Source: Sportscar365.

The more you know, the more you realize you don’t know. Someone said that to me years ago and it’s stuck with me ever since.

I spent more than a decade in amateur racing and just finished my second season as a pro racer—and on most days I still feel like I was born yesterday.

Here are five observations that stuck out to me in my sophomore season of pro racing:

1. Winning isn’t everything. Don’t get me wrong, winning is very important to a long career in motorsports, but the most successful race car drivers I know do more than just podium.

These drivers understand the business of motorsports and are constantly seeking to bring value to their sponsors and partners in everything that they do. There are dozens of fast drivers waiting in the wings to take your spot.

You can’t just win on track—you have to help your partners win with their customers, too.

2. Winning can’t be everything. You can do everything right that’s within your control—train, practice, set up the car perfectly, qualify in the front—and still have the worst race ever due to circumstances that are 100 percent out of your control.

Clearly, this ties in with the previous point (i.e., another reason to bring more to the table for your partners than just winning) but I want to bring up something else: as a driver, even if you do everything perfectly, you’re going to have bad races.

This season, I learned that beating yourself up only defeats you before the next race begins.

Focus on what you can do, do it to the best of your ability, and leave everything else up to the racing gods, e.g., my goal for each race is to leave knowing that I got the most out of myself and the car as well as to learn from any setbacks so I can improve in the future.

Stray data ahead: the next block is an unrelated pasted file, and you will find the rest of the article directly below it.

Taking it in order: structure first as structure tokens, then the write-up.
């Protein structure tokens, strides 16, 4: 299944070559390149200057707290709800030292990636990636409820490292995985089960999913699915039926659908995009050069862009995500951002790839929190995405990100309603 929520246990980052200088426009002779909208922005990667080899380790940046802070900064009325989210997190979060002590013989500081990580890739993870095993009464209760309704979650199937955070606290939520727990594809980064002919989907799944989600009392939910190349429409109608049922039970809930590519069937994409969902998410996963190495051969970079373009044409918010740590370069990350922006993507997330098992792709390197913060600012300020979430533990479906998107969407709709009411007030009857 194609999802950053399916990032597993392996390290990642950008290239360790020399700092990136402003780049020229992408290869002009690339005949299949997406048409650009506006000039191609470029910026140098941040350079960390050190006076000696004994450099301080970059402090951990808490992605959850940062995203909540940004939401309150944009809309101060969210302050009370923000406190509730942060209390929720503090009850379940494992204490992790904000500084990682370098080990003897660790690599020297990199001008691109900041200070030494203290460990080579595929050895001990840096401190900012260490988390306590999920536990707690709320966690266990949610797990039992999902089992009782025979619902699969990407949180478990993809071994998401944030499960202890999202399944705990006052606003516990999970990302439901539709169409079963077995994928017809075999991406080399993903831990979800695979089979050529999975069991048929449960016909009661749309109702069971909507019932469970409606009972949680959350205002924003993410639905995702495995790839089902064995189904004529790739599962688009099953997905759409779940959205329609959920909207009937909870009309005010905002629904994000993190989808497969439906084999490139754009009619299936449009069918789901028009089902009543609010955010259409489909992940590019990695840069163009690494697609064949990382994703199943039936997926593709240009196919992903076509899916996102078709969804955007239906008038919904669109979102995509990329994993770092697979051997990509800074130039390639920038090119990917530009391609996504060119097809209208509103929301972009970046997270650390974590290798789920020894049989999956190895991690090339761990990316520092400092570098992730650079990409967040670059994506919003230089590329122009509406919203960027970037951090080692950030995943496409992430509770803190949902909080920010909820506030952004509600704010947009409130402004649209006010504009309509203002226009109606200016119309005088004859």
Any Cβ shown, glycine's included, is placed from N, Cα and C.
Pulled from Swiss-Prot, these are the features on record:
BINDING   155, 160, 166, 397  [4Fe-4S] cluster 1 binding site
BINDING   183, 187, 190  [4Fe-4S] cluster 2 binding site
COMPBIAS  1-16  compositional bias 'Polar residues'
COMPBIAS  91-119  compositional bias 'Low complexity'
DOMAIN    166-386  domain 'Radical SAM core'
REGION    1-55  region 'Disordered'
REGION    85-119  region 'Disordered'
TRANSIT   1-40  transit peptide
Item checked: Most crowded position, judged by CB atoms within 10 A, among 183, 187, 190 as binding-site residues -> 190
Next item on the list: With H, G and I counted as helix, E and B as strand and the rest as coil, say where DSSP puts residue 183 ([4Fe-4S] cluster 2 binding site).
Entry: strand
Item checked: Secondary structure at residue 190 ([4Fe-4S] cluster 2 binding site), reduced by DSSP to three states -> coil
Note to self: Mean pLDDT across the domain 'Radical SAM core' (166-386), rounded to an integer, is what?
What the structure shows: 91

3. Teamwork makes the dream work. I doubt this is the first time you have heard that phrase, but trust me, it couldn’t be any more applicable to the pro racing world. In amateur racing, it is common for the driver to prep the car, bring it to the track, unload, and eventually make some laps on track.

It is still possible to do that in the pro racing world, but the driver is often required to be separated from the car for long periods of time at each event. At the minimum, this requires teammates to assist in those times of need.

However, bringing teammates onboard is an opportunity to surround yourself with experienced, smart, and dedicated professionals. Putting together a great team will only enhance your chances of success on track.

If you take a closer look at some of the most successful teams and drivers throughout the paddock, THIS is what separates the best from the rest.

For example, I feel fortunate to be surrounded by people on the DXDT and CrowdStrike Racing teams who are way smarter than me and willing to pull me along when I get stuck.

4. Understand that collaboration extends past your team. A fierce competitor on track might become your closest ally off the track when troubleshooting a technical issue or when an unobtainable part needs to be sourced quickly.

Building relationships with your competitors can be challenging but is an important part of professional racing.

Besides, you probably have a lot more in common with your competition than you think and it makes the event so much more enjoyable when you can talk and laugh with the people who also choose to be there.

5. Balance risks and rewards. Moving from amateur to professional racing comes with a lot of additional risks. We have all heard that some version of the phrase “you cannot win a race in the first turn but you can lose it.”

This quote also can explain the move to pro racing: by taking too much risk at the beginning, you may lose your chance before you get a chance to shine.

That is why it is really important to make sure you manage the risks involved with professional racing by carefully choosing the car you race, the series, and most importantly your partners.

I’m fortunate to have learned these lessons in my second year of racing and am looking forward to learning more as the next season unfolds.